Iowa State went 9-9 in Big 12 play last year, and was picked to place seventh in this year’s preseason poll.
Jamie Dixon, TCU
The Horned Frogs don’t have a lot coming back, which is why they were picked to finish last in this year’s preseason poll.
Veterans Desmond Bane and Kevin Samuel will be asked to lead the way for TCU, which went 7-11 in league play last year. Bane was named All-Big 12 Second Team and to the Associated Press All-Big 12 Second Team as a junior last season.
“We're excited about the new guys. Nine new players, which is a lot even in today's game,” TCU coach Jamie Dixon said. “But at the same time the league is wide open. So many teams are bringing in about the same amount of new players. It's just the way of college basketball.”
Scott Drew, Baylor
Baylor head coach Scott Drew went to the podium on his birthday, praising a squad that appears to be KU’s biggest contender in the Big 12.
The Bears received one first-place vote by a league coach, and were ultimately picked second in the preseason poll. Baylor won 10 games in conference play a year ago, finishing fourth in the league standings after being picked ninth in last year’s preseason poll.
“Why we're picked high, we have a lot of players coming back,” Drew said. “With our team, I know we have good chemistry, we really like the guys. Big thing will be, just like with all of us, is how we handle adversity.”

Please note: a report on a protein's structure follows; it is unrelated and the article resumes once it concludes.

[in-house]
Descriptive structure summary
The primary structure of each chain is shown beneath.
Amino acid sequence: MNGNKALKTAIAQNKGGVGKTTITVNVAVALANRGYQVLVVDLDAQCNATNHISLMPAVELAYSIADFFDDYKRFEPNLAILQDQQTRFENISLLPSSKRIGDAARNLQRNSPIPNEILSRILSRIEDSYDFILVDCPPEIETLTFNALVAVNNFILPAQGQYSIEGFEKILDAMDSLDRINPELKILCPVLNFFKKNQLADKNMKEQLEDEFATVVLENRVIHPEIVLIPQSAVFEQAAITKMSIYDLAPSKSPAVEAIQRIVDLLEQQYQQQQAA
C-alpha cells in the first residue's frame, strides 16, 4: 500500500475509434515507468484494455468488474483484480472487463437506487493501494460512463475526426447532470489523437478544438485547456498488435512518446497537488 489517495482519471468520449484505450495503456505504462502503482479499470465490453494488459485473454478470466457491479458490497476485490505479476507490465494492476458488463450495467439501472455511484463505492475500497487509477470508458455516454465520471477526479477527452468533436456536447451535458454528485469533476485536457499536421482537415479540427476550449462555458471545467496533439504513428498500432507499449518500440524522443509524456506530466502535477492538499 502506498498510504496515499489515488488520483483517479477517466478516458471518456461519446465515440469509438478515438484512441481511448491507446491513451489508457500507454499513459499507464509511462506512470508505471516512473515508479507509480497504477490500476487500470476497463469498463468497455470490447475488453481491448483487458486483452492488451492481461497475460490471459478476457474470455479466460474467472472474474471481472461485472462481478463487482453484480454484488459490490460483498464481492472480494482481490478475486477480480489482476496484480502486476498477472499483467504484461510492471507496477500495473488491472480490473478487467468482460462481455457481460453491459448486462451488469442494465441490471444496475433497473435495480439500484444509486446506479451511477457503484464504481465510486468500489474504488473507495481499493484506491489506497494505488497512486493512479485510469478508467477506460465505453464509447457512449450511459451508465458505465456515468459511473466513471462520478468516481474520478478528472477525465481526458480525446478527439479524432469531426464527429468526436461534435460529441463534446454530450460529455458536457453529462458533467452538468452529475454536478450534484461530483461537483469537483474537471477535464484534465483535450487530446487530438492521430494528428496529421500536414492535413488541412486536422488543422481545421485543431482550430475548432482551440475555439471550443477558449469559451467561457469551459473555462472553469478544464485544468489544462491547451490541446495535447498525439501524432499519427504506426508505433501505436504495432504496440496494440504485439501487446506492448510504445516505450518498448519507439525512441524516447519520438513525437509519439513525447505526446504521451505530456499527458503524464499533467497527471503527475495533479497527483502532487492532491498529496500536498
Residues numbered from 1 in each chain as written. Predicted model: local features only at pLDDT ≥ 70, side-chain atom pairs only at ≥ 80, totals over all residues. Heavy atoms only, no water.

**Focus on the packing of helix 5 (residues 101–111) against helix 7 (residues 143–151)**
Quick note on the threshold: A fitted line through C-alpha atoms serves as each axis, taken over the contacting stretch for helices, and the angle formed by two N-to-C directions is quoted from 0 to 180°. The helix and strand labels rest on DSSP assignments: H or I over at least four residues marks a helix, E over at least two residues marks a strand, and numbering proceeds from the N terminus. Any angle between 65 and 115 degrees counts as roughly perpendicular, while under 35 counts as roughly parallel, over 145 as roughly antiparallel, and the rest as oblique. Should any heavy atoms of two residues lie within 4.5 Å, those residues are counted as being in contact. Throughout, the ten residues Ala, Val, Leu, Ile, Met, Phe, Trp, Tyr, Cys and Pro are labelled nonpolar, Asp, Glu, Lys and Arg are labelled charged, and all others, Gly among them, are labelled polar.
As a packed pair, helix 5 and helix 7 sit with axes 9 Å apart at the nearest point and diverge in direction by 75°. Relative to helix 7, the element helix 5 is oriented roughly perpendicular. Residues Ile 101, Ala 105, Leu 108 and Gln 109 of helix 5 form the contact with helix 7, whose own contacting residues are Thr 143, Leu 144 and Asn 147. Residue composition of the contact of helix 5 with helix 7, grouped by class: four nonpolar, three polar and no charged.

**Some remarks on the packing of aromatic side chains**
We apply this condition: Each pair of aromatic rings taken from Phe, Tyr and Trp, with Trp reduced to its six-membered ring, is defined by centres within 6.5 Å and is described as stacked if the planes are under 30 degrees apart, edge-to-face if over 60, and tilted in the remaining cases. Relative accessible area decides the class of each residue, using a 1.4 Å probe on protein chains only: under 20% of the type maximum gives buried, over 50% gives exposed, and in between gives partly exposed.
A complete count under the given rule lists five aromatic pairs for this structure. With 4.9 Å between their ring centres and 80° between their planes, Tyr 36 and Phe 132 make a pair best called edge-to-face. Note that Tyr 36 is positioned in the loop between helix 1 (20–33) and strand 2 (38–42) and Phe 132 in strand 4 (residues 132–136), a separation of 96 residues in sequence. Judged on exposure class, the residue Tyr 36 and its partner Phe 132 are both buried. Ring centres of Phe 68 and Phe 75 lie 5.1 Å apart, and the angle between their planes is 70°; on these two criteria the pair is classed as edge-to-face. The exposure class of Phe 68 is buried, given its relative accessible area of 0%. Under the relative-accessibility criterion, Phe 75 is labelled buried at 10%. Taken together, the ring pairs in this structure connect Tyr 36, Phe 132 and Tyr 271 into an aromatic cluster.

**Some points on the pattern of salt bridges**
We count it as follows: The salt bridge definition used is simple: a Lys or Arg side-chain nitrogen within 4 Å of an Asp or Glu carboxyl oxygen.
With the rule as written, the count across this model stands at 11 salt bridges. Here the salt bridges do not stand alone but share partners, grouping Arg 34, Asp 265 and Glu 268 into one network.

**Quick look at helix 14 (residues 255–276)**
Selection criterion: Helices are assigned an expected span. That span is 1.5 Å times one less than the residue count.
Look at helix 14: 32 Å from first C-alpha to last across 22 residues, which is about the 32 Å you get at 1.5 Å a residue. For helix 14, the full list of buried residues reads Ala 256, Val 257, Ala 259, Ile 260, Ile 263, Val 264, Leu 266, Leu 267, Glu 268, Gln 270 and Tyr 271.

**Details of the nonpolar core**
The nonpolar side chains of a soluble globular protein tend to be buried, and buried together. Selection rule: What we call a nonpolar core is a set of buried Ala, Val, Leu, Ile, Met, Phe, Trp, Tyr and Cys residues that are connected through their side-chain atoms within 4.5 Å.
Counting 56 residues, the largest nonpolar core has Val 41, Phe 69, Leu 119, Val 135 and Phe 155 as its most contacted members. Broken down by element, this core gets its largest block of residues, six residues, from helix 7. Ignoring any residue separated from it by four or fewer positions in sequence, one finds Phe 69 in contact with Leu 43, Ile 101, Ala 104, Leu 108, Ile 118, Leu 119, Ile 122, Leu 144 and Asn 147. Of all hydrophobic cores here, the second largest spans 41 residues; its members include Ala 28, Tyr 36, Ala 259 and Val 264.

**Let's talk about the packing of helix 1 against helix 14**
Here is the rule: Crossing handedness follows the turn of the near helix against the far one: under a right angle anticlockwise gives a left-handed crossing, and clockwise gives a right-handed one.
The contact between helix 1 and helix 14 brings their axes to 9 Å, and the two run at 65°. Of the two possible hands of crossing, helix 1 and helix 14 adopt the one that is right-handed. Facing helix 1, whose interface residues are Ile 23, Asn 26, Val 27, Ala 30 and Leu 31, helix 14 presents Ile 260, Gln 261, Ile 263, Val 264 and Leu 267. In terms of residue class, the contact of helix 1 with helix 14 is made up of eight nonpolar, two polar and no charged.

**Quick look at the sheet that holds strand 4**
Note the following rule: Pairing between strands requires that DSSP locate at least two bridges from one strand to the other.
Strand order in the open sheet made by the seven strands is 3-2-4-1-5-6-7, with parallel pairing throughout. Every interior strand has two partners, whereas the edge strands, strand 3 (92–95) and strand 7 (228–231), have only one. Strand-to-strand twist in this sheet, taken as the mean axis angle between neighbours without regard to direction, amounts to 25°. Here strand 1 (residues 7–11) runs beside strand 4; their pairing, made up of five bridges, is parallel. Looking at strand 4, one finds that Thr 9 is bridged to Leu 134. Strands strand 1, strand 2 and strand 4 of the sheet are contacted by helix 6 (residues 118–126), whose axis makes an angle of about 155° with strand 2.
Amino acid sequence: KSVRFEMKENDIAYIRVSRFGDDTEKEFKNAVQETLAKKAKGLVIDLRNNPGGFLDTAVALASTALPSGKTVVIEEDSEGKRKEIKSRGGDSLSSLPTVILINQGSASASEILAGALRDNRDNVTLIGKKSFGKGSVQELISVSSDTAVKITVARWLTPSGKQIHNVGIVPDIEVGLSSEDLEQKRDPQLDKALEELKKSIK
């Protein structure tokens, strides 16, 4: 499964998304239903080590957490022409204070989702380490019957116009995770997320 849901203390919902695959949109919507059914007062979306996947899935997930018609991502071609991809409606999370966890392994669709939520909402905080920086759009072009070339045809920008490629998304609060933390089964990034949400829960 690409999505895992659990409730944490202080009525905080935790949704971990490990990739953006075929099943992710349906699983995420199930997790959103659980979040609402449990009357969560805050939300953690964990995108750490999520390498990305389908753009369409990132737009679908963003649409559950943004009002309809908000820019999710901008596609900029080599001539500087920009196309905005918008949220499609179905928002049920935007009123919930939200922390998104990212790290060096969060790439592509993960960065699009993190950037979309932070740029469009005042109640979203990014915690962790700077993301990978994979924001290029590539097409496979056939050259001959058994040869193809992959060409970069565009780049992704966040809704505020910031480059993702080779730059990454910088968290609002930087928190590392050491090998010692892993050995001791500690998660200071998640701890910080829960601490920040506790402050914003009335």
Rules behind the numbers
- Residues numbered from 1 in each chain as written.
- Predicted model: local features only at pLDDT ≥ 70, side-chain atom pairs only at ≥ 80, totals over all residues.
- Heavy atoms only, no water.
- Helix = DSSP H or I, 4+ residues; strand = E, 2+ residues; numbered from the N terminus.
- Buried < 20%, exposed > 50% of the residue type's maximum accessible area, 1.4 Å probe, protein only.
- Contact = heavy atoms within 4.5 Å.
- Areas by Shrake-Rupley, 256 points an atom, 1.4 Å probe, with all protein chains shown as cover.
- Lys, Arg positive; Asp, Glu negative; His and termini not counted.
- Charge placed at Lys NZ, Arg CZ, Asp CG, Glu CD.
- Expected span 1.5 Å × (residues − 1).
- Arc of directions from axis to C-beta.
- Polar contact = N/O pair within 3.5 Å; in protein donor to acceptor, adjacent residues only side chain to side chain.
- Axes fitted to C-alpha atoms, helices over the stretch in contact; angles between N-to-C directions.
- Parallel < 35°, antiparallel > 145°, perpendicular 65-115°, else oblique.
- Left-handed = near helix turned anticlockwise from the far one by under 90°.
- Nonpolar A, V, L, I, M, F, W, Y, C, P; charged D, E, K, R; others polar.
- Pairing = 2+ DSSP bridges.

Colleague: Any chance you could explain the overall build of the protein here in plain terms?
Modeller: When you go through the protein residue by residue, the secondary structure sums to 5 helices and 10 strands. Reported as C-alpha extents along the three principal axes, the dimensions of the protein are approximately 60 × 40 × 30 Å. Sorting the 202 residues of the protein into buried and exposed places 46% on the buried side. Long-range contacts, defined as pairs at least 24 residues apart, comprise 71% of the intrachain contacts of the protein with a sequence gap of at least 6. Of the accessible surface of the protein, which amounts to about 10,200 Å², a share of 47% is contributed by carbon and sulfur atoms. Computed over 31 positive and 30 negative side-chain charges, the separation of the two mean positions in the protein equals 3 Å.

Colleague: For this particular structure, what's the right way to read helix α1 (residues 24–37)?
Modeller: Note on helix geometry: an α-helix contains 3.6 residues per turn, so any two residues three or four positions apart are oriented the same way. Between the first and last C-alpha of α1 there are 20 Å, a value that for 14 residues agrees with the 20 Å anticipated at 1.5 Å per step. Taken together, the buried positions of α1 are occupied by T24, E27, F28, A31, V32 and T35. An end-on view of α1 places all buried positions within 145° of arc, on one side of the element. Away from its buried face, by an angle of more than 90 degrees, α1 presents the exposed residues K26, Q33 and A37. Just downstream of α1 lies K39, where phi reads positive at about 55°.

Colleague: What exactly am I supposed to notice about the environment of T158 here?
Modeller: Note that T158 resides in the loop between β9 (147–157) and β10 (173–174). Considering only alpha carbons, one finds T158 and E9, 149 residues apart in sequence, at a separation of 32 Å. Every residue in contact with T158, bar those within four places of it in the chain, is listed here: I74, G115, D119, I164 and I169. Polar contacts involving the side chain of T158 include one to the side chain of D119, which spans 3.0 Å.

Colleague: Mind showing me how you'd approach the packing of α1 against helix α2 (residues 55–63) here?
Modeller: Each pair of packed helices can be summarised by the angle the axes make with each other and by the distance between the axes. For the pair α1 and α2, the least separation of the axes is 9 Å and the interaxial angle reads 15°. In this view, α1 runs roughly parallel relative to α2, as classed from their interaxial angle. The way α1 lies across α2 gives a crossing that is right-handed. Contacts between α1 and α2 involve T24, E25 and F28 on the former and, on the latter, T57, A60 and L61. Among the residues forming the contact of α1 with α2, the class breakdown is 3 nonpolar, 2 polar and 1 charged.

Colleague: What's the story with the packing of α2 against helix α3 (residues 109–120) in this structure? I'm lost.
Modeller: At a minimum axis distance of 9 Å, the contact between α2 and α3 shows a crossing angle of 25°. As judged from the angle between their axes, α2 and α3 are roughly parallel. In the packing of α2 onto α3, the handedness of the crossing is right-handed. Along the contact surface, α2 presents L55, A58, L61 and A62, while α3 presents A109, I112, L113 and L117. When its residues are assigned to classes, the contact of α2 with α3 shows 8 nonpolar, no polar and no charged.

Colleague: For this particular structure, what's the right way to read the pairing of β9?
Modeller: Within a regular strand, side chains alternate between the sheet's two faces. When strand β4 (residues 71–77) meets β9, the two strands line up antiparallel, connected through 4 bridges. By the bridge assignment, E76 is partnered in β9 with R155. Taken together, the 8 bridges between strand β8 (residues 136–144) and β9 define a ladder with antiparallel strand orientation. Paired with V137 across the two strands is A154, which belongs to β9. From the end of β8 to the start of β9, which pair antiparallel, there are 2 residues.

Lon Kruger, Oklahoma
The Sooners could surprise some people with a nice blend of veterans and a promising group of newcomers.
Oklahoma has three starters — Kristian Doolittle, Brady Manek and Jamal Bienemy — coming back to go along with one of the more talented recruiting classes in recent history. Austin Reaves, a Wichita State transfer, is also expected to make an impact.
It allows OU coach Lon Kruger to have the depth to be creative this season.
“The versatility is going to be a strength,” Kruger said. “I think the depth will be a strength. A lot of guys (are) interchangeable parts, chance to play bigger or smaller depending on maybe opponent or the play of our guys.”
Bob Huggins, West Virginia
Coming off a 10th-place finish in the Big 12, West Virginia head coach Bob Huggins only had to field two questions during his turn at media day. One of those two questions was about recent rule suggestion to help clean up post play, something the WVU coach didn’t necessarily agree with.
“How are you going to clean up post play when you have 6'10", 270-pound guys leaning on
each other? There's going to be contact,” Huggins said. “I mean, obviously if it affects their shot, you shouldn't be allowed to do that. But there's going to be contact.”
Shaka Smart, Texas
Andrea Hudy, who was the Kansas basketball strength and conditioning coach for the last 15 years, is now with Texas. Hudy started in August with the Longhorns, and has already made an impact with the program.
“She has a very, very different philosophy in terms of strength training and performance than our former strength coach,” Texas coach Shaka Smart said. “I think there's a lot of different ways to skin a cat, but obviously she's had phenomenal success over the past 25 years as a strength coach. We're really excited to have her at Texas.”
Texas, which is coming off a 8-10 record in Big 12 play, came in fourth place in the Big 12 preseason poll.